O Category Non Immigrant Visa Process:
The O category is set aside for aliens of “extraordinary” ability in the sciences, arts, education, business, or athletics, certain aliens accompanying or assisting those aliens, and their family members. In addition, O non-immigrant’s must intend to work in their area of extraordinary ability or achievement. No numerical cap is placed on the annual admission of these non-immigrant’s, but the definitions covering this category should serve effectively to limit the number of annual admissions.
Duration of stay
There is no explicit statutory limitation on the period of stay for O non-immigrant’s; the initial period of stay can be approved for the time necessary to complete the event or activity or group of events or activities for which the non-immigrant is admitted, up to a period of three years. The USCIS rules define the term “event” to mean an activity such as a scientific project, conference, convention, lecture series, tour, exhibit, business project, academic year, or engagement; in the case of an O-1 athlete, the event could be the entire season or the alien’s contract, if longer than the season.
Procedures for the O category
Classification in the O category requires the filing of an O petition with the Immigration Service in order to obtain permission to employ an O alien for a temporary period. A petition can be approved only after the employer consults with a peer group, labor organization, or management organization regarding the nature of the work to be done and the alien’s qualifications. In most cases, evidence of consultation takes the form of a written advisory opinion obtained from a peer group, labor organization or management organization with expertise in the specific field involved.
An O petition may be filed for multiple O-2 aliens (but not O-1 aliens) when they are assisting the same O-1 alien for the same events or performances, during the same period of time and in the same location; under a revision to the rules in August 1994, multiple beneficiaries listed in the same O-2 petition need not seek their O-2 visas at the same U.S. consulate abroad.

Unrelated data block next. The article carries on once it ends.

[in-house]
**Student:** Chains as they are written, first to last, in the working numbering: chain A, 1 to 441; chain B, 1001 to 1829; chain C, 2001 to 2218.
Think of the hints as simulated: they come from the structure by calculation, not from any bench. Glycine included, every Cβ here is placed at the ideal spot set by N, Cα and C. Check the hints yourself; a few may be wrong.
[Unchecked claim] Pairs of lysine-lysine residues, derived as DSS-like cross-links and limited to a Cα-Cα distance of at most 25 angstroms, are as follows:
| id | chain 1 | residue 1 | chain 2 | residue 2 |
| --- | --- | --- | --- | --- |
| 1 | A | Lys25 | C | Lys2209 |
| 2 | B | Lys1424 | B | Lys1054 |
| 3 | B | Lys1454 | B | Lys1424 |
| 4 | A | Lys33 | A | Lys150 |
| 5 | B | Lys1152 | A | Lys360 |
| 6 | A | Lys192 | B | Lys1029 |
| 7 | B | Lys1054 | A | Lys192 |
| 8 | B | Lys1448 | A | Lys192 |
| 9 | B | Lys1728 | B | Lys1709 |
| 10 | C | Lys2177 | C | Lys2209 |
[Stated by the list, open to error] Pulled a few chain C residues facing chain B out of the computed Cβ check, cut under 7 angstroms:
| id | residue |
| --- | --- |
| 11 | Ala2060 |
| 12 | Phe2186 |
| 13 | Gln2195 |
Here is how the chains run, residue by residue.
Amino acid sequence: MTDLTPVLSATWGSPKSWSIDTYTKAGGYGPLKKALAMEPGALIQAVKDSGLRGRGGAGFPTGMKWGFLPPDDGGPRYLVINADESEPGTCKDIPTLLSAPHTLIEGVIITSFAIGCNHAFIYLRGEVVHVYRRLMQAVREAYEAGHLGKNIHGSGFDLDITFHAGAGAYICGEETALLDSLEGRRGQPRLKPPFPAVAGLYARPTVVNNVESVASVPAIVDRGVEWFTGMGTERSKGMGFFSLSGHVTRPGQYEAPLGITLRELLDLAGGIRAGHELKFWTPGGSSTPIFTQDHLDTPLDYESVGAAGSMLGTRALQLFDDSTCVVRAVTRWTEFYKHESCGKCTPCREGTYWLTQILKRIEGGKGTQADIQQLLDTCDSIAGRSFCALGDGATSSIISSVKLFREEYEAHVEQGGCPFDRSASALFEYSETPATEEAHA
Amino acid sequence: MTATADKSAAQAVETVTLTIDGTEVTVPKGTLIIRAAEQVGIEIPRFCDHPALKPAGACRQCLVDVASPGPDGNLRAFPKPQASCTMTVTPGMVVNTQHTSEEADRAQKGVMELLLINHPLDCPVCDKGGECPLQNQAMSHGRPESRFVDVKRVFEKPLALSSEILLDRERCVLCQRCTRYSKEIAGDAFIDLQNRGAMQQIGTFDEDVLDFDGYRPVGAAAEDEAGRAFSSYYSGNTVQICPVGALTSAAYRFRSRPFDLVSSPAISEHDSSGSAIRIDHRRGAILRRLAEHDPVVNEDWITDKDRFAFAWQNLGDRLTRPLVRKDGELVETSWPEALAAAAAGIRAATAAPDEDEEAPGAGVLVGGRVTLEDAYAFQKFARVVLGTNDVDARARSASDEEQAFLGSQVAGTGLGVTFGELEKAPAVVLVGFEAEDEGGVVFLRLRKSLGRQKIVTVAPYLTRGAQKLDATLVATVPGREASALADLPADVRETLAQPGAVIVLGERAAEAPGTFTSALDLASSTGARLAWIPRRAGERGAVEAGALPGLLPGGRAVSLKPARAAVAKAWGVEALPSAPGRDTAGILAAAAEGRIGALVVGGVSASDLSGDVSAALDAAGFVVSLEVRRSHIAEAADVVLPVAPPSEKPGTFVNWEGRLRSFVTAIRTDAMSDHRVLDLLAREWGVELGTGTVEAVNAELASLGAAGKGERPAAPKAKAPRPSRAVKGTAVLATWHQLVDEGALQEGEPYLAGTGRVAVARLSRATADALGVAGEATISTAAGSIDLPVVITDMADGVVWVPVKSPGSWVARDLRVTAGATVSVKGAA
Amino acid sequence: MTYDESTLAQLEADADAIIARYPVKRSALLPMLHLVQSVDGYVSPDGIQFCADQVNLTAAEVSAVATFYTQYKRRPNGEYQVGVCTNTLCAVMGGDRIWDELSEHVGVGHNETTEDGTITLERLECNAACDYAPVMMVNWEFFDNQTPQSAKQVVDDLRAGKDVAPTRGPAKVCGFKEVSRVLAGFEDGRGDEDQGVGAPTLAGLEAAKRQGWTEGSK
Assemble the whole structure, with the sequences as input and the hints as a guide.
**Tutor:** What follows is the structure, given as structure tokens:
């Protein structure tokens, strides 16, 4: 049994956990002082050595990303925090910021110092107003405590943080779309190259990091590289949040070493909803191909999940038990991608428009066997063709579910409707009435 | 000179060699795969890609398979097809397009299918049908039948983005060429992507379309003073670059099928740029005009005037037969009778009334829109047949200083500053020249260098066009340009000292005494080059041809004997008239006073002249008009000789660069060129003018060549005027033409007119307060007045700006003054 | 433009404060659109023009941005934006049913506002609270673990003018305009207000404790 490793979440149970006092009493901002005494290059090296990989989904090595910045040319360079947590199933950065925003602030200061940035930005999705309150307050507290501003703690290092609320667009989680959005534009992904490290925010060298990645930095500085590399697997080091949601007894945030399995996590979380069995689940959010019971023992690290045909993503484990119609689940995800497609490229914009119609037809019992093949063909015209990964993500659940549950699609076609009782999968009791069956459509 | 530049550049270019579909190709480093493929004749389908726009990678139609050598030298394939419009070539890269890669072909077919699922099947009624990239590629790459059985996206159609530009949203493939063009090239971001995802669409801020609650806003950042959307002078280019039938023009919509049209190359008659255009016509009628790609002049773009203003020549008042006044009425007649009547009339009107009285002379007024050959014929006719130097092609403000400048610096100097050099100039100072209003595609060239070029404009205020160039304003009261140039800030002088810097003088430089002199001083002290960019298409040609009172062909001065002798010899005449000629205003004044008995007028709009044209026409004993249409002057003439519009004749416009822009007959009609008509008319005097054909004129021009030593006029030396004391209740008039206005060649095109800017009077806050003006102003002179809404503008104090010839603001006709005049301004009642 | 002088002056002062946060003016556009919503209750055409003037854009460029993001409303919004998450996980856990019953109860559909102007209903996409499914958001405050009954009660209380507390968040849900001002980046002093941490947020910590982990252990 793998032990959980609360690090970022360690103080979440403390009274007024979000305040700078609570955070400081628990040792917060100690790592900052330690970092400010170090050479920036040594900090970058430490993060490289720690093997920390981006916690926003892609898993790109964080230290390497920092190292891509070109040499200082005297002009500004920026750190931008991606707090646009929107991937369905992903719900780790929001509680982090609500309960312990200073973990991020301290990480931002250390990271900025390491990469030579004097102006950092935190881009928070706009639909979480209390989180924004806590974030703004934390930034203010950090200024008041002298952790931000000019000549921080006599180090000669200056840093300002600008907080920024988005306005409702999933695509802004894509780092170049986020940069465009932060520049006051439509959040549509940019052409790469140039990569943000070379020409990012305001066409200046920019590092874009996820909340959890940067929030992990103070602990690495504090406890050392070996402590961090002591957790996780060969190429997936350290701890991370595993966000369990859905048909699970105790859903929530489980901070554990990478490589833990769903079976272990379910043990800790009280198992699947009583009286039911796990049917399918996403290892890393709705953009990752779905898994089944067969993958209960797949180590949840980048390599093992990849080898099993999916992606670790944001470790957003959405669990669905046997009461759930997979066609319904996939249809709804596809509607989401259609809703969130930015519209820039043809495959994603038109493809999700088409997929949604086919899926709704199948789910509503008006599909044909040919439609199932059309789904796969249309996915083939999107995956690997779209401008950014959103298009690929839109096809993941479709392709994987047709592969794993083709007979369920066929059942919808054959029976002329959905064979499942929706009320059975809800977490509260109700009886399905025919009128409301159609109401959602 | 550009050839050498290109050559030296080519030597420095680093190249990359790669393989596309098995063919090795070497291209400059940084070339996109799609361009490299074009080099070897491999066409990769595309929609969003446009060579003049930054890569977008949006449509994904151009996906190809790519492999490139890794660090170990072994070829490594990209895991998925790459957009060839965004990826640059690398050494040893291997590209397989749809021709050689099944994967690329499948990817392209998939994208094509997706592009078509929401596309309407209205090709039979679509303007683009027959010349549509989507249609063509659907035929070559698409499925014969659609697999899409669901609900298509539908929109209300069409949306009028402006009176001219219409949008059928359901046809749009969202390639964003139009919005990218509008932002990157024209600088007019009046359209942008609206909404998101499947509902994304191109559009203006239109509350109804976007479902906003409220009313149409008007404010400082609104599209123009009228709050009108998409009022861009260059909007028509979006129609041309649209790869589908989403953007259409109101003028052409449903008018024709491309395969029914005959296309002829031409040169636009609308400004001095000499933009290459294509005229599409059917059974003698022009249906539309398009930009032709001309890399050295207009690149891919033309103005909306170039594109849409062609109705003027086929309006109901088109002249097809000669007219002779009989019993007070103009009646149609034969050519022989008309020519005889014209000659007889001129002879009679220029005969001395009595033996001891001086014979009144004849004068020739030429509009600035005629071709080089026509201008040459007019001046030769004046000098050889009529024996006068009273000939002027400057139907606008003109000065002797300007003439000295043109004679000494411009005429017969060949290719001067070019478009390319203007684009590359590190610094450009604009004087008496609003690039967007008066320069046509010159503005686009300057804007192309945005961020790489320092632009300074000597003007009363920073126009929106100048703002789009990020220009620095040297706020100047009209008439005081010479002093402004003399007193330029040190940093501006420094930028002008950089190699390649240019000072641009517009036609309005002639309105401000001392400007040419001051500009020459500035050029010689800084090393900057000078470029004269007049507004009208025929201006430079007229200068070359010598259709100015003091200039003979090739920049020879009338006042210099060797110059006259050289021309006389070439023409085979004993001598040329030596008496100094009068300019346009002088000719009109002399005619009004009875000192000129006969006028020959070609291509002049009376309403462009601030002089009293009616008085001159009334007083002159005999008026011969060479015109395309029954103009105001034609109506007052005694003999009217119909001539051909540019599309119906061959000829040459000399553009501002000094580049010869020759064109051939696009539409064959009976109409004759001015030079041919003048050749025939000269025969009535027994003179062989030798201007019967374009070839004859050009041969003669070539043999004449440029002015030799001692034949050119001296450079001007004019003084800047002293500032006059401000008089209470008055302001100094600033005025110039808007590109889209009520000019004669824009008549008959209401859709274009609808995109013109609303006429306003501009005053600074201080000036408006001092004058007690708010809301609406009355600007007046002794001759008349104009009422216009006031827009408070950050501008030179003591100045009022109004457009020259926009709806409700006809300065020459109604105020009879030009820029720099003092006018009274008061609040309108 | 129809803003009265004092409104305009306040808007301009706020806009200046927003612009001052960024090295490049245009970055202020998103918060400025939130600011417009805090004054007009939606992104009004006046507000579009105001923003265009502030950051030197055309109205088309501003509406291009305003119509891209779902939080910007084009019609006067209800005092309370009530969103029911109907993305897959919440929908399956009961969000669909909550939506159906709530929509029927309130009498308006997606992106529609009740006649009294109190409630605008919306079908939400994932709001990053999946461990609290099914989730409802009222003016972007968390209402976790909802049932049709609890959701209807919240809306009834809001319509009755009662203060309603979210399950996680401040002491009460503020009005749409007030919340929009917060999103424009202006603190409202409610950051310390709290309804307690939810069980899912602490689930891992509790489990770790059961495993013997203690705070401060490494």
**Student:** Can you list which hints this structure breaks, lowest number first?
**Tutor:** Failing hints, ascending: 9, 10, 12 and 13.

The principal condition regarding O status that must be remembered by employers is that obtaining O status for an alien requires three steps:
- Obtaining advisory opinion from peer group, labor organization, or management organization.
- Approval by the USCIS of an O petition supported by the advisory opinion.
- Issuance by a U.S. consulate of an O visa based on the approved petition.
Also keep in mind the following:
Freelancing not permitted: The final rules issued in August 1994 clarify that an alien in O classification may only be admitted to perform services in “specific, identified” events; O status may not be granted to an alien to enter the United States to free lance in the open market.
Filings by foreign employers and U.S. agents: Final rules issued in April 1997 revise the circumstances under which a foreign employer may file O-1 petitions. Under prior rules, a foreign employer could directly petition for an O-1 alien. Note the following with regard to each of these circumstances:
- Cases involving self-employment
- Cases involving “numerous employers”
- Cases involving foreign employers
Filing permanent residence papers: The approval of a permanent labor certification or the filing of an immigrant preference petition is not a basis for denying an O-1 petition, an extension of stay request, or a change of status application. The USCIS rules provide that an alien may legitimately come to the United States for a temporary period as an O-1 nonimmigrant, and, at the same time lawfully seek to become a permanent resident.
Employer obligation to pay for return abroad: Employers are obligated to pay for the return trip of O employees whose employment is terminated prior to the expiration of the authorized period of stay.
Family members of O aliens: The family members (spouse and unmarried children under 21) of the principal alien are classified in the O-3 category. They cannot engage in employment in the United States unless they are independently qualified.
An O-1 Visa is originally provided for up to three decades. Consequently, it can be prolonged for one season at one time. There is no restrict to the variety of additions that may be provided. If you have any question about O Visa Category, Please contact Wani & Associates for a free consultation. Wani & Associates, P.C is known for its accessibility to its clients. Call today at: 1-866-755-9264
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